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Lola Flores, a Jerez woman forever

Lola Flores

"She doesn't know how to sing, she doesn't know how to dance, but you can't miss her performance." This phrase articulated by a New York Times critic speaking about a performance of La Faraona at Madison Square Garden in New York has been perhaps the most accurate definition of Lola Flores. Other words describe the sweeping personality of La Faraona as unique, unusual, one-of-a-kind, temperamental, passionate, ethnic, genuine, explosive, brilliant…

Lola Flores (Jerez de la Frontera, 1923 - Madrid, 1995)

La Faraona

Actress and singer. From a very young age, she sang and danced flamenco. At 13, she made her debut at Teatro Villamarta in her hometown. Her father sold the modest bar the family owned in Jerez to help his daughter become an artist. Her big opportunity came when forming an artistic duo in the middle of the 40s with Manolo Caracol, with whom she came to be one known as of the most popular singers in Spain and Latin America. In 1947 she filmed Embrujo, an excellent film by Carlos Serrano de Osma, with the Sevillian singer. Caesar González, a key producer in Spanish cinema at the time, focused on her and hired her exclusively.

At the height of her popularity, with performances on radio and television and long theatre tours, she sang before various people, including Winston Churchill and Gary Cooper, and she was insistently called by those close to the dictator, Franco. In 1959, she married the guitarist Antonio González "El pescaílla” with whom she had three children, Lolita, Antonio and Rosario. Each of them, like their mother, went on to be noteworthy singers.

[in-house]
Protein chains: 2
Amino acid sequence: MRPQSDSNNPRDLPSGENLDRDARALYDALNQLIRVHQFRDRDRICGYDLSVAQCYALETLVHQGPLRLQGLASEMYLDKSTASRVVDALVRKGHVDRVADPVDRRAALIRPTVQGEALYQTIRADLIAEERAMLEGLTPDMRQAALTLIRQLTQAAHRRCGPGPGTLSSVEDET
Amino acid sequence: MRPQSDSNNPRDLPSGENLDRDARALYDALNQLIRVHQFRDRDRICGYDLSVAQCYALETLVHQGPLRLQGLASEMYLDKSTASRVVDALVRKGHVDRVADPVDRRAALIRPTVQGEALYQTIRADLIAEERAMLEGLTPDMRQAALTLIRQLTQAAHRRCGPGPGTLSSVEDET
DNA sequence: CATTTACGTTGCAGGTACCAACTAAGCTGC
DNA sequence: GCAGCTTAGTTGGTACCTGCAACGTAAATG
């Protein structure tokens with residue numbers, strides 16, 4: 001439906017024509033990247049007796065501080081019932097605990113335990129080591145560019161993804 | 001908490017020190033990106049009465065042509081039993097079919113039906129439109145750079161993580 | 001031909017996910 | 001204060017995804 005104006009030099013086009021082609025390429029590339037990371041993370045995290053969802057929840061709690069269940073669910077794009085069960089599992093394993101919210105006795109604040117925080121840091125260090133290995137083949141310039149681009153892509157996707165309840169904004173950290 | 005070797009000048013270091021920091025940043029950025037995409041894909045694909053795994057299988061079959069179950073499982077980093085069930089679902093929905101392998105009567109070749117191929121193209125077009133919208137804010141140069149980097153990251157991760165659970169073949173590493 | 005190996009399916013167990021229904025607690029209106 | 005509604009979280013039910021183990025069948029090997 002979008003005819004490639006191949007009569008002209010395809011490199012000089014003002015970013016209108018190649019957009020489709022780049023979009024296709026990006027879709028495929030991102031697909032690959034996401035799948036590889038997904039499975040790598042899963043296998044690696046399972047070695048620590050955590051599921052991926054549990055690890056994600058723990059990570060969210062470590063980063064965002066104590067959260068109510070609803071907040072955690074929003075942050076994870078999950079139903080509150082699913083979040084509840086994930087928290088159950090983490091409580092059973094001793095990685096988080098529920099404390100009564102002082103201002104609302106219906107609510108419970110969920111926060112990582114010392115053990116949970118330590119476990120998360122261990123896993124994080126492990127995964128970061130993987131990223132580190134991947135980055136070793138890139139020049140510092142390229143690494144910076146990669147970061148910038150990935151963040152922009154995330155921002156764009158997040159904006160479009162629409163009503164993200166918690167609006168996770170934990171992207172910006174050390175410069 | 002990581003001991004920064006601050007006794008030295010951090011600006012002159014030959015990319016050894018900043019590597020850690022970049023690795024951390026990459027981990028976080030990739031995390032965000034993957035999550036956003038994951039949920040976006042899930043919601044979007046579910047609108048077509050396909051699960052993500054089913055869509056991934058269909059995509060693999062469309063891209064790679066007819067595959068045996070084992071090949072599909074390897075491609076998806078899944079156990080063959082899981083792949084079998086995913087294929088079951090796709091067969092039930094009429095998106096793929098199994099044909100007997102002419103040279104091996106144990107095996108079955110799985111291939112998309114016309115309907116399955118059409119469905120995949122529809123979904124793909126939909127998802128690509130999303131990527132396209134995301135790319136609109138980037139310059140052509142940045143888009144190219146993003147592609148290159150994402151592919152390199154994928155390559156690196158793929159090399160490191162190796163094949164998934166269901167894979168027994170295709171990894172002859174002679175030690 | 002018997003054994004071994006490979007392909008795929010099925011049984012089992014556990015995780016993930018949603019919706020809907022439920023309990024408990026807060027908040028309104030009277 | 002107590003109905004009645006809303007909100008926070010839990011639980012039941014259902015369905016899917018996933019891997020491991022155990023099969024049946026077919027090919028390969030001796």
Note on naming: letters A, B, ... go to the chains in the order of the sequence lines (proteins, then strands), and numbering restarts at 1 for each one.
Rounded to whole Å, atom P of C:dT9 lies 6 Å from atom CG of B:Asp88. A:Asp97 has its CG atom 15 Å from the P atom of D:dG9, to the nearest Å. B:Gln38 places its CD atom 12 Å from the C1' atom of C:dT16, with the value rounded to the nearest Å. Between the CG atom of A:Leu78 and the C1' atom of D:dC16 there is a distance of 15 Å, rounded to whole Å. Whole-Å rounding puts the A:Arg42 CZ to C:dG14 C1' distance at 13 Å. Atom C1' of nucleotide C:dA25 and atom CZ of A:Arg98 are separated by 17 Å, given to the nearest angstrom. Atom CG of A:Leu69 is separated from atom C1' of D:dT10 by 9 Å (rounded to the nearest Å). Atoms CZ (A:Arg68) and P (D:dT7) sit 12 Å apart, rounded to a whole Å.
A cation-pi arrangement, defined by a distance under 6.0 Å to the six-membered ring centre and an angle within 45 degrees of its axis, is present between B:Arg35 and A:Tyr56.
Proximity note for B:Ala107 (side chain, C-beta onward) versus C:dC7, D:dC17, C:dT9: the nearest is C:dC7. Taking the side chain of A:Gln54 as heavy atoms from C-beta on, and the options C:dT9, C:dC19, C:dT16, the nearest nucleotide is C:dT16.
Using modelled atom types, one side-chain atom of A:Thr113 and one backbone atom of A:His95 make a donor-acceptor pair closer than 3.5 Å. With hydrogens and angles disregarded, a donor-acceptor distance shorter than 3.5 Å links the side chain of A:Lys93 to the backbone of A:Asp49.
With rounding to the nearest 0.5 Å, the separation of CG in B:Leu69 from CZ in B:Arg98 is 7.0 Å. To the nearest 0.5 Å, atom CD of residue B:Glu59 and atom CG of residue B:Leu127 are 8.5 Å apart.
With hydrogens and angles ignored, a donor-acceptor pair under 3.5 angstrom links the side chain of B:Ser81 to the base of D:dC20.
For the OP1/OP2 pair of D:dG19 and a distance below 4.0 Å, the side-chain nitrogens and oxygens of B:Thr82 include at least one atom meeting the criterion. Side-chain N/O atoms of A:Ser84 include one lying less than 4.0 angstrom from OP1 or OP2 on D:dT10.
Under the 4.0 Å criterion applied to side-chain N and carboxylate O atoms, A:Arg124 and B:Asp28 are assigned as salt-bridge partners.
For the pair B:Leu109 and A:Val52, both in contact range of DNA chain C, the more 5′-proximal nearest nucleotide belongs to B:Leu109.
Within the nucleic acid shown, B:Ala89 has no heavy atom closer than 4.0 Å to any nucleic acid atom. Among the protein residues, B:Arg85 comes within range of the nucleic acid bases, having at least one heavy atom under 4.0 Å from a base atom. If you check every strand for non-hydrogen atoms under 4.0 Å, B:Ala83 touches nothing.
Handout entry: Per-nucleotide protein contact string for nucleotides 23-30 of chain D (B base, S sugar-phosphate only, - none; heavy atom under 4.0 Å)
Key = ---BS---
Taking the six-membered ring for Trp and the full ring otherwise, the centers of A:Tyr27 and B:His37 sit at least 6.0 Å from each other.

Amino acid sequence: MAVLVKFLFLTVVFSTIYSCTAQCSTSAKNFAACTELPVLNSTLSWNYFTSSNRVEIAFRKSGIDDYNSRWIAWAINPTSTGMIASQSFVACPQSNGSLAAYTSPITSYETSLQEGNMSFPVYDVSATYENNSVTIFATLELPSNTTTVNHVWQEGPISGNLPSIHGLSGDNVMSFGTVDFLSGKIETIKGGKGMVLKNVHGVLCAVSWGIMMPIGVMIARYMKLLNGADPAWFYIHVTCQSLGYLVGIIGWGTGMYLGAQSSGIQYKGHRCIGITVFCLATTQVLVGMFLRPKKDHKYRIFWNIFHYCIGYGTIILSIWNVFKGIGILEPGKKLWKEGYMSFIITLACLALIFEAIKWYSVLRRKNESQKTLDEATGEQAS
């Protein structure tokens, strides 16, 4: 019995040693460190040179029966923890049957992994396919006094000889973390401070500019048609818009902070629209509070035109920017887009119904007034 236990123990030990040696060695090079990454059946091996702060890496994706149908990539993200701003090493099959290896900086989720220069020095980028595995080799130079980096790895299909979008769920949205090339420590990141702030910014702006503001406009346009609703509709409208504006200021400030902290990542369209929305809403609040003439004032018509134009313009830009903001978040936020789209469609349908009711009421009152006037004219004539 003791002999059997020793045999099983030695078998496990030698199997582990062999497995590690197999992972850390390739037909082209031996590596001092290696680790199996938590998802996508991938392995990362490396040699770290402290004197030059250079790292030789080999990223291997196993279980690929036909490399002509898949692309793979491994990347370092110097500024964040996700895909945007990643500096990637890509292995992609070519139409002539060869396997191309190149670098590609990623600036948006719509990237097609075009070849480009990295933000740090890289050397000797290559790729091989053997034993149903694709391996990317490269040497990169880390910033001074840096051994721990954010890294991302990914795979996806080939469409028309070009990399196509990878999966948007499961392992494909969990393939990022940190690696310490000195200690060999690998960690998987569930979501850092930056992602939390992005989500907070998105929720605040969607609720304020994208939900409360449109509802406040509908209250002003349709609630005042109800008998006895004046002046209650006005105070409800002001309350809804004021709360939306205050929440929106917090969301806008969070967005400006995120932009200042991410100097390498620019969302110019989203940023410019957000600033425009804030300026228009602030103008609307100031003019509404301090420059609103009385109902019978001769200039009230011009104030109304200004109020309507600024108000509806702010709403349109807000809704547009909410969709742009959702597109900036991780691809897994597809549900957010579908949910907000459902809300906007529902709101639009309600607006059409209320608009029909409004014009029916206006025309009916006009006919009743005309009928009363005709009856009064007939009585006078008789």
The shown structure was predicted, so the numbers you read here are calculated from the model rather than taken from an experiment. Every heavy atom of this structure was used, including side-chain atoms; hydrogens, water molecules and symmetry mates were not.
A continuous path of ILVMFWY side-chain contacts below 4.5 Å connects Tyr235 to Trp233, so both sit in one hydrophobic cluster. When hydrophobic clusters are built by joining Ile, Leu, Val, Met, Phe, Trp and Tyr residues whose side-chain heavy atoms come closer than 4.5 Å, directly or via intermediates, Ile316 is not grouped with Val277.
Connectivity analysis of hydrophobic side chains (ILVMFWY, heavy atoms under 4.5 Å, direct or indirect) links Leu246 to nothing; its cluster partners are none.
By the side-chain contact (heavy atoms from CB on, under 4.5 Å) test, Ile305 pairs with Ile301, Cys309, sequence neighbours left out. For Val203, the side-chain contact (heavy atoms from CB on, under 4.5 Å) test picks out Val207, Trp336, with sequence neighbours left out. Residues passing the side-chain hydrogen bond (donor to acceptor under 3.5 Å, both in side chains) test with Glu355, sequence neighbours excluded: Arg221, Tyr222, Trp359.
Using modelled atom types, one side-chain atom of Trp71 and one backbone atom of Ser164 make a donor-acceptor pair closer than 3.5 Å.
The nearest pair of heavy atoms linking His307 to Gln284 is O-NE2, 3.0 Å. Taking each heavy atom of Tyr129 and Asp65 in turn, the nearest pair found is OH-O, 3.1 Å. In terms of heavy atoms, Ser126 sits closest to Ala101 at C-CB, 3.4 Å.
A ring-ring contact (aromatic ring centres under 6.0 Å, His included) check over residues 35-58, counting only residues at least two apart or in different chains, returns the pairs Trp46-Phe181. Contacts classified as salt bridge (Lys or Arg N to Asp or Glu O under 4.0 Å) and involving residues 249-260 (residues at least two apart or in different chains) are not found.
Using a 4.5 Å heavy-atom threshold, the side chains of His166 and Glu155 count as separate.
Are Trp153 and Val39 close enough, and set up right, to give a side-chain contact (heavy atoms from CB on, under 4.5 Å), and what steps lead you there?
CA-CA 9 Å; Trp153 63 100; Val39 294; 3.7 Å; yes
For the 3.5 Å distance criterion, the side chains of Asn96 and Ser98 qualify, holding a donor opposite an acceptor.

Monument in her home neighbourhood

La Faraona, as she was known, has a monument to her standing in the neighbourhood where she was born. It is in a small square, in the San Miguel district, which is the chief flamenco area along with the Santiago neighbourhood in Jerez de la Frontera. It is said that flamenco was born here and it is where the majority of the art's greatest figures were born. This area is known as La Cruz Vieja and traditional streets, such as Pescadería, start here.

This monument was opened in March 2003, within the project to convert the house where Lola Flores was born into a museum. It is made of bronze and was created by the Madrid-born Víctor Ochoa Sierra.

Patrimonial Jerez

The rich history of Jerez gives rise to great heritage, starting in the historic centre, which dates back to times of Al-Andalus and which was declared a Historic-Artistic Monument. This area is where the majority of the city's heritage is concentrated. There are still some remains of the Almohad wall (Ancha, Muro) and the Puerta del Arroyo still stands today. In one corner of the site is the Arab Alcázar, which is another 12 century Almohad construction with several towers (Octagonal, the keep) and a small mosque inside that has been well preserved with its minaret, patio of ablutions, prayer room and mihrab. On the former site of another mosque, San Dionisio Church was built. This building has maintained notable Mudéjar elements that articulate a part of the Islamic city. Today it forms a historic-artistic site with several buildings, including Torre de la Atalaya, also known as Torre del Reloj or Torre de la Vela. Another important monument is the old Town Hall, from the 16th century, with its Mudéjar and plateresque style, which is the work of the Jerez architect, Andrés de Rivera. Mudéjar traces can also be discerned in San Marcos Church, which replaced a mosque and which has a Baroque high altarpiece, and San Juan de los Caballeros Church, which has Renaissance touches.